When it comes to lighting, and especially outdoor lighting, there are a large number of options for every fixture type, not all of which will work for your specific purpose and application. In fact, fitting your fixture type to your specific application is as important as selecting a high-quality fixture in the first place.
For instance, if you operate a gas station with a large canopy, your first thought may be that the purpose of the canopy fixtures is to illuminate the area directly below, so that your customers can see what they’re doing. This isn’t wrong per se, but it may not be the only purpose for your lights, or even the most important.
In this case, you should also be concerned about what your facility looks like from a distance. Without bright enough lights or an evenly illuminated space, your store may be passed up for the retailer down the road because it looks unsafe or uninviting. This may lead you to choose fixtures with higher output or a larger spread of light than your current fixtures.
Alternatively, if your current fixtures are too close together, you may do the opposite and delamp some of the fixtures instead for the purpose of reducing glare. It’s easy to see how an intimate knowledge of your facility is essential to planning your lighting upgrade (of course, if you go with Joule Energy, we do the planning for you).
Here are a few purposes for exterior lighting to jumpstart your thinking. Again, each type of lighting may have more than one purpose.
- Keeping occupants safe from hazards
- Ensuring security or promoting feelings of security
- Attracting customers from a distance
- Displaying facility signage or features
- Allowing actions to be caught on camera (whether a sports arena on national television or a grocery store with security cameras)
Now that you have planned for your lighting needs, the next step is to find an appropriate light output and spread for each type of fixture you hope to upgrade.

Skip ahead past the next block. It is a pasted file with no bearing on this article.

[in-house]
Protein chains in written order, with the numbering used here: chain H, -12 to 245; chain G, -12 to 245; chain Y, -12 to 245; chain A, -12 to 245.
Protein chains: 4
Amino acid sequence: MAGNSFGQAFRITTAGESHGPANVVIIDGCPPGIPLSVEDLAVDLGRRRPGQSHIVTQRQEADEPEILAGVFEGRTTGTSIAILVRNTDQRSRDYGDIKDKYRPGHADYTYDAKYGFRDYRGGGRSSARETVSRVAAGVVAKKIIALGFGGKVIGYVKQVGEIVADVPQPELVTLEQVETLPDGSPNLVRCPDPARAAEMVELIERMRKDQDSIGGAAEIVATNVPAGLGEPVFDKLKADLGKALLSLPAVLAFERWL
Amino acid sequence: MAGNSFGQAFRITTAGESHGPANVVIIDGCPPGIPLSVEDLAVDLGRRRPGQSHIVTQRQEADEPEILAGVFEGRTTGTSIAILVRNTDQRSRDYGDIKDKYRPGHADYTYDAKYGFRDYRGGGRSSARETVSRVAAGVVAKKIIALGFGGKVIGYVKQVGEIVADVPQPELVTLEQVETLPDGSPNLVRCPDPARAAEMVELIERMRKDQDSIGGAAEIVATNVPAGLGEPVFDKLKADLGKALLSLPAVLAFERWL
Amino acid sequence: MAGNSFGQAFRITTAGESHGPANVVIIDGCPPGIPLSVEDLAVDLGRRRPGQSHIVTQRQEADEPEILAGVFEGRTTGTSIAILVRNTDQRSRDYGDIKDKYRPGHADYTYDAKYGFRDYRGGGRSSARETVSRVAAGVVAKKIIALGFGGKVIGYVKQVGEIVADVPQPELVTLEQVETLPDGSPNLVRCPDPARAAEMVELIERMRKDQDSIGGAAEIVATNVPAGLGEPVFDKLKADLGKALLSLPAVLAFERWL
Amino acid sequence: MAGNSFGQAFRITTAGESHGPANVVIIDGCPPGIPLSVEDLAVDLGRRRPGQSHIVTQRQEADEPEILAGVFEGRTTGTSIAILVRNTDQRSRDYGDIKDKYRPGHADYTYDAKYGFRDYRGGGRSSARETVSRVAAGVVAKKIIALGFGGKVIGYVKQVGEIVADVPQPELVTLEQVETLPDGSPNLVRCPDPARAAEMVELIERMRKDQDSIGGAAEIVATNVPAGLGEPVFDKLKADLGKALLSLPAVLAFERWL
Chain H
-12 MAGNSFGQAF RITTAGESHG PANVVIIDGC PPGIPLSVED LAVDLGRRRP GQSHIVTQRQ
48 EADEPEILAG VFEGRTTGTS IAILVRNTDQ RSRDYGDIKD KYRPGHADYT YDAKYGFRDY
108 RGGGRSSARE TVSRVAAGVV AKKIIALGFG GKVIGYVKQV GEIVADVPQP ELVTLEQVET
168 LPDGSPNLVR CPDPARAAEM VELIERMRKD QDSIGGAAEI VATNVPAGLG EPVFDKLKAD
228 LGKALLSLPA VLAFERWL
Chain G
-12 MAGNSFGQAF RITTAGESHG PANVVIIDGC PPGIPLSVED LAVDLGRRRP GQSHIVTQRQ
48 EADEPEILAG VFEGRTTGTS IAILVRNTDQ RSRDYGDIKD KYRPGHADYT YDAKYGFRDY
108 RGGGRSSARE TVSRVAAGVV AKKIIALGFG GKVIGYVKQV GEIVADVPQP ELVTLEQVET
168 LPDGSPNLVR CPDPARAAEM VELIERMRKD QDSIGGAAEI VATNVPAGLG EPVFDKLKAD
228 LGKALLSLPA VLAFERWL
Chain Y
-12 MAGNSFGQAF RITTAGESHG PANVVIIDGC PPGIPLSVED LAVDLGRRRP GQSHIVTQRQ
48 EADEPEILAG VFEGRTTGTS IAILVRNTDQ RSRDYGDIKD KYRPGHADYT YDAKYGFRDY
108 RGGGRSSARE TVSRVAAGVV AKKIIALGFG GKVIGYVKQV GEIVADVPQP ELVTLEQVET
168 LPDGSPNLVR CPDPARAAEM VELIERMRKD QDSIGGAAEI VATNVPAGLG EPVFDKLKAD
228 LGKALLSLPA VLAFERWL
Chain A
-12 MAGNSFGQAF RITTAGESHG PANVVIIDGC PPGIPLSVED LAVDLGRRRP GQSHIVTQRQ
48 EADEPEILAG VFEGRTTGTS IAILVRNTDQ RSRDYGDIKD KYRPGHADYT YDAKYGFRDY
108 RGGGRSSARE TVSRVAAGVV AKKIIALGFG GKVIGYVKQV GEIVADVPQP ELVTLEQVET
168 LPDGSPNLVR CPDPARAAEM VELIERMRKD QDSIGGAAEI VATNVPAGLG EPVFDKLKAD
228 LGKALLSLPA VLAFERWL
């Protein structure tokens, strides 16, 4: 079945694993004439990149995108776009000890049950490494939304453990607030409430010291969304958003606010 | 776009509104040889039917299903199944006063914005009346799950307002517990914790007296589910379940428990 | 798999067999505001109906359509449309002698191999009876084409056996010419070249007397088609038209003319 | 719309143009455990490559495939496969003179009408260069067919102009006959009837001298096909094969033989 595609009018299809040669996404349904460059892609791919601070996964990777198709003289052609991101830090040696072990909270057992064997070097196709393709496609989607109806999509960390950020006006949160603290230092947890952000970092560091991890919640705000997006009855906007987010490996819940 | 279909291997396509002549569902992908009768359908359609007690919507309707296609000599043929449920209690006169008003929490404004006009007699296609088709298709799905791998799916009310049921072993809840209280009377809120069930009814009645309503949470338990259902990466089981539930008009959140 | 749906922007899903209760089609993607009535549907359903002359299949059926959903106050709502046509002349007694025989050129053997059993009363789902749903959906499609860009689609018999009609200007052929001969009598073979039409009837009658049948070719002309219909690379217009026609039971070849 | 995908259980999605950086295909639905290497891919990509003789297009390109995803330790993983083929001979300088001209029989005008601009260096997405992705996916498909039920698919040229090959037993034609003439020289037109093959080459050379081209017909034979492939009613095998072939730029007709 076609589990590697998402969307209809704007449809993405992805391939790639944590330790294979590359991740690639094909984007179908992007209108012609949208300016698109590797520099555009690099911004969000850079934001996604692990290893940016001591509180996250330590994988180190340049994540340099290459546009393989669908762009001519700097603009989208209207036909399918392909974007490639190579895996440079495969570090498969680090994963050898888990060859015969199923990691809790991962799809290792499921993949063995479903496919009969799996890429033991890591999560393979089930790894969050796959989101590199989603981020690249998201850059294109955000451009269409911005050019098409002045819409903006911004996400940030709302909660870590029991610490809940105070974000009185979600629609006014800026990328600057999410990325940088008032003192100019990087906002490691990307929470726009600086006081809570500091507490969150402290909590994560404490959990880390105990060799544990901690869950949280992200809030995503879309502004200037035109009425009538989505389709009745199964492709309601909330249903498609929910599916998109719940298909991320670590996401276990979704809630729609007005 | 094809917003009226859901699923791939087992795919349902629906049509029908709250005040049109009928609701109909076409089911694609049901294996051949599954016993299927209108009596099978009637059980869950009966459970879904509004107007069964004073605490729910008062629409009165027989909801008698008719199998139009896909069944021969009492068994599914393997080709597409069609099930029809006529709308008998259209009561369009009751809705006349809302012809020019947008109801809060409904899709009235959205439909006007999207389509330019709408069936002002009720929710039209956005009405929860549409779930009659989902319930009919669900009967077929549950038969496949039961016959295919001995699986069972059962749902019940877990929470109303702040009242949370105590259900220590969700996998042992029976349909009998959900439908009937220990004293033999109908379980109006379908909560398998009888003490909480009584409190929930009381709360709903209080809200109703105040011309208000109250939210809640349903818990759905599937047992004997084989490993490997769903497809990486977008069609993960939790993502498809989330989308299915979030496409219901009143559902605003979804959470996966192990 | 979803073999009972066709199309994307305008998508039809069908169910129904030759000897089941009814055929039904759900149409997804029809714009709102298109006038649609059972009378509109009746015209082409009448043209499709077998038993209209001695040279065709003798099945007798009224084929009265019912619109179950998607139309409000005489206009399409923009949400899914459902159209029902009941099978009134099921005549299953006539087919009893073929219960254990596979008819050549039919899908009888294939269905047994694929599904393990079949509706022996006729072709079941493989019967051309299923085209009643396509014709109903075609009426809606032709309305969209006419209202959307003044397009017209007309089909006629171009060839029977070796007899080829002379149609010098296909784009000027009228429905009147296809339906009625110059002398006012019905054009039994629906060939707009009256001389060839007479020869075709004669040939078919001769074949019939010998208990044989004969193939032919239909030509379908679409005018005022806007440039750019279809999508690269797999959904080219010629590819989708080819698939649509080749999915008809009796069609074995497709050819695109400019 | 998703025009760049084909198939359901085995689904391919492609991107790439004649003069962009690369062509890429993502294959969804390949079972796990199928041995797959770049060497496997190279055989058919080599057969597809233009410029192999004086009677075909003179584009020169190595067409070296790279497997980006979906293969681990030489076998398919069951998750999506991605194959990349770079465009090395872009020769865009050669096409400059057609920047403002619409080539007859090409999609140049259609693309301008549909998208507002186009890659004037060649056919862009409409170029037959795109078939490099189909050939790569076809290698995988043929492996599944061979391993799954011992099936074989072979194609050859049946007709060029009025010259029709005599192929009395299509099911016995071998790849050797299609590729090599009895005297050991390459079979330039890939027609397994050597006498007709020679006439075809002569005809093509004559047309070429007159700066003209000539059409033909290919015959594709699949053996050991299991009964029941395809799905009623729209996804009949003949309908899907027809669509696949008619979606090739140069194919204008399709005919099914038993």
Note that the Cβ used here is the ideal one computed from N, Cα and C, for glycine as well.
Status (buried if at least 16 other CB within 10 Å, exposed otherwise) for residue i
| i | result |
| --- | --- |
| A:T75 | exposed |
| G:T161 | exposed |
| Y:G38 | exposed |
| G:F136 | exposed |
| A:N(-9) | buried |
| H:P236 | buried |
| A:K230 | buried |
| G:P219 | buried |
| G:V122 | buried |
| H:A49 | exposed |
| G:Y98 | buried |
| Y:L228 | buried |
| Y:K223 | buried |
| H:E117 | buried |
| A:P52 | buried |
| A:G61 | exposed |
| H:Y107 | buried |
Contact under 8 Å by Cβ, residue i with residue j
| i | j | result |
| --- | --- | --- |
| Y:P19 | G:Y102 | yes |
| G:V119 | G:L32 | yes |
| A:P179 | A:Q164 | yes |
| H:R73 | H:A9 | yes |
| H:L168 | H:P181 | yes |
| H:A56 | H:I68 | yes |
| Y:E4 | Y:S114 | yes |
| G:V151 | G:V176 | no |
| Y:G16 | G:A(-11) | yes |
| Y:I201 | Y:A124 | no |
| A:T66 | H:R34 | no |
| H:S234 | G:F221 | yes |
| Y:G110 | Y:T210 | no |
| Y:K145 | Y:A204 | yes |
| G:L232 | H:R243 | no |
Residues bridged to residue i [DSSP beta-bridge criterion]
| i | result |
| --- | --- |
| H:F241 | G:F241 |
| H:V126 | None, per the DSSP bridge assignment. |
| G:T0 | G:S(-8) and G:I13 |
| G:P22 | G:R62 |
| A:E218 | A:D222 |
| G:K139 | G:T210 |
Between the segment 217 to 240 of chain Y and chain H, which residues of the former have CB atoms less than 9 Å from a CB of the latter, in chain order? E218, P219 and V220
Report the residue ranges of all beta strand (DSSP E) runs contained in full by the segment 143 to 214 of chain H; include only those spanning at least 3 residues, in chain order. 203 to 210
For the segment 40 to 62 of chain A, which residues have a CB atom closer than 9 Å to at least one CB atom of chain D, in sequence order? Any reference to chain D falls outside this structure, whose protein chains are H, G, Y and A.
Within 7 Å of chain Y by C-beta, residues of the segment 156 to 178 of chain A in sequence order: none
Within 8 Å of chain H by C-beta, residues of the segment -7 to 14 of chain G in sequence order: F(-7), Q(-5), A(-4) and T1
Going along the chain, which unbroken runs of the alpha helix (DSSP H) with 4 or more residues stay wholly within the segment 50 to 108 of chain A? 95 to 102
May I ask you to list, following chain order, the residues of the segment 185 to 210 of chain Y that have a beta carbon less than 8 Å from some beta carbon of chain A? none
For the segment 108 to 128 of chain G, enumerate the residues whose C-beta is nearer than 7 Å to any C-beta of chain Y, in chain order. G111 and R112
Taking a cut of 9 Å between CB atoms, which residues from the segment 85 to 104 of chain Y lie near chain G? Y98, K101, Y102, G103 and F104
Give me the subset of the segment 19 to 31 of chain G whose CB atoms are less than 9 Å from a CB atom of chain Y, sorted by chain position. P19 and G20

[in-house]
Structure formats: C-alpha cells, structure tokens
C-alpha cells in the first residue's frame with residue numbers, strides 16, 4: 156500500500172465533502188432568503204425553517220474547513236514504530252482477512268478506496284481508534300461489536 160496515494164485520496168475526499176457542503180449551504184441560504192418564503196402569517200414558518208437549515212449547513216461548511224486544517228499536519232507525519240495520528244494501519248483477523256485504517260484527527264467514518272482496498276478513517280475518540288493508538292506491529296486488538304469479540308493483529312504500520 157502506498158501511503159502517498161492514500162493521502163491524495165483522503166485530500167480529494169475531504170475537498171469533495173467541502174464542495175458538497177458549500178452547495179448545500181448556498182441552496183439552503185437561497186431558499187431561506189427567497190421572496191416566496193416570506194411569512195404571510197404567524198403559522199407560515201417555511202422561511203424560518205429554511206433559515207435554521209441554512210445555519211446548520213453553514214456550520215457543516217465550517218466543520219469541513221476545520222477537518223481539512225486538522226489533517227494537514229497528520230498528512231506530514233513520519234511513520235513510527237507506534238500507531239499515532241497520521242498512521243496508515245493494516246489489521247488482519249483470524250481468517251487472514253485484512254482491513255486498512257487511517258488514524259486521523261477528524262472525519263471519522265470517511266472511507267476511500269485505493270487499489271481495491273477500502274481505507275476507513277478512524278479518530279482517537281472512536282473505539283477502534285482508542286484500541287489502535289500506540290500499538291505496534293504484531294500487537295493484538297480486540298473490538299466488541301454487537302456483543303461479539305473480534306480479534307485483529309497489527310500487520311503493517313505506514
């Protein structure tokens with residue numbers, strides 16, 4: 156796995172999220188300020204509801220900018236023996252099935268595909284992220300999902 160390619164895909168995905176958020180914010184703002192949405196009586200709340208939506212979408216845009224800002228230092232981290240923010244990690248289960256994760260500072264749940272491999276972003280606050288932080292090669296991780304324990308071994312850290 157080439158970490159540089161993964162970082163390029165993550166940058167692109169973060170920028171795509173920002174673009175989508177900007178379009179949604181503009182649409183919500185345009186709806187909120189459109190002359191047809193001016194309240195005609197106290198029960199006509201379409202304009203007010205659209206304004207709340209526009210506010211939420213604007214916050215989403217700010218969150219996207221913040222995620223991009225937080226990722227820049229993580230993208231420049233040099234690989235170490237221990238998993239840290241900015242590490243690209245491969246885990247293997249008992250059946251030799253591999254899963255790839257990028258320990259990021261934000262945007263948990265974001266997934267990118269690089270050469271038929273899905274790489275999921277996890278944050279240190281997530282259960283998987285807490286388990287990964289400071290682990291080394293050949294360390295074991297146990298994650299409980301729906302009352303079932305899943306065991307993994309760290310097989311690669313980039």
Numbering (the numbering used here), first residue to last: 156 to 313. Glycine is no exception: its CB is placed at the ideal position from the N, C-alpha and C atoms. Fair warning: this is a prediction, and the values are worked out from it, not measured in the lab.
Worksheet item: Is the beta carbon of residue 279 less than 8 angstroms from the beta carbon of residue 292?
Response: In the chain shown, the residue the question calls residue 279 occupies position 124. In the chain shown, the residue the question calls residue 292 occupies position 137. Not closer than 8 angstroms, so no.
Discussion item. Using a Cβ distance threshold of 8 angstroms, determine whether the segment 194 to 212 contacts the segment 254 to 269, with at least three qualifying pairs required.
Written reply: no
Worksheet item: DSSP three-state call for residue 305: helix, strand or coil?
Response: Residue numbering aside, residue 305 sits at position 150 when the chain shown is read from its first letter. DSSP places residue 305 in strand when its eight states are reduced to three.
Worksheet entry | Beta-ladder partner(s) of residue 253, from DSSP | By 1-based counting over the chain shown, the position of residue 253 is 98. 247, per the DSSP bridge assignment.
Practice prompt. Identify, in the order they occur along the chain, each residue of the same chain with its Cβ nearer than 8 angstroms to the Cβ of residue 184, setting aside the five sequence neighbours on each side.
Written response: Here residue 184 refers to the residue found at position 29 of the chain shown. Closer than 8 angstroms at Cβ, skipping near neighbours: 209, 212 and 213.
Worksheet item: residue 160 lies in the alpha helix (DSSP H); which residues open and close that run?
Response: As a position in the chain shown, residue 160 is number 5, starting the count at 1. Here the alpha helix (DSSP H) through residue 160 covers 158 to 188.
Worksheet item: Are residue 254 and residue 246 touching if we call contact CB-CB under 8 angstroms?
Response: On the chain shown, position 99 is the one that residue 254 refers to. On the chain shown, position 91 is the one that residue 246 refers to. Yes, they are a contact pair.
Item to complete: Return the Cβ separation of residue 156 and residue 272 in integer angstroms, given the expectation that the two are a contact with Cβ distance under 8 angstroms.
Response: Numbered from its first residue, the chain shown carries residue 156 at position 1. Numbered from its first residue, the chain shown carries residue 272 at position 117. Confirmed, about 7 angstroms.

Mid Power v. High Power
High power LEDs are, by nature, more expensive, but are often worth the higher price tag in the long run. This is because they can more easily handle a high thermal load, causing them to degrade and fail much more slowly than other LEDs.
How? Many failures are due to diodes (the individual light-producing components in the fixture) becoming exposed to persistent high heat. High power LEDs, however, can draw more current while keeping the overall power use low, and in a way that withstands the heat produced as a byproduct.
Just as you wouldn’t drive a car at full speed continuously, the diodes in your LED fixture should not be operating at full capacity every second the fixture is turned on. Not only is operating this way inefficient, but it will eventually destroy your engine (or cause your fixture to fail).
To help regulate diode function, high power Cree LEDs use silicon carbide as a thermal sink, arguably the best substance in the world for that purpose. This helps its high power LEDs both last longer and perform more efficiently. And in case you were wondering, many other companies use gallium nitrate as a thermal sink.
So where can you find high power LEDs? For now, Cree is the only company that provides true high power LEDs. Many other companies will try to sell you other kinds of LEDs for high power applications. So if your facility requires this type of durable, highly efficient lighting, Cree is your best bet. And don’t worry, we’ll let you know where high power LEDs are recommended.
Evenness and Spread
Some lights are meant to illuminate in one direction, while others benefit from having a larger spread of light. Lights mounted on the exterior wall of a building are going to have a different spread of light than those mounted on a canopy, soffit, or pole. So how do you know if a certain fixture meets your needs for evenness and light output?
The easiest way, of course, is to have an experienced lighting designer create an illumination model of your facility (by the way, we do this for free). But you can also take a look at spec sheets for a few fixtures you are interested in and compare the diagrams of light output. It’s also helpful to know how far apart the current lighting fixtures are in your facility, how high they are mounted, and your desired light level.
From left to right: photometry diagrams for a Cree area light, wall pack, and canopy light.
When it comes to creating a lighting design, we take all of these factors into consideration to provide you with a consistent and superior quality of light. We make sure to choose fixtures that distribute light evenly to prevent shadows and hotspots and create a pleasant atmosphere.
But no matter who installs your LED lighting, make sure they understand that upgrading exterior lighting necessitates anything but a one-size-fits-all solution. With the right amount of planning and thought, your visitors, maintenance staff, and wallet will thank you.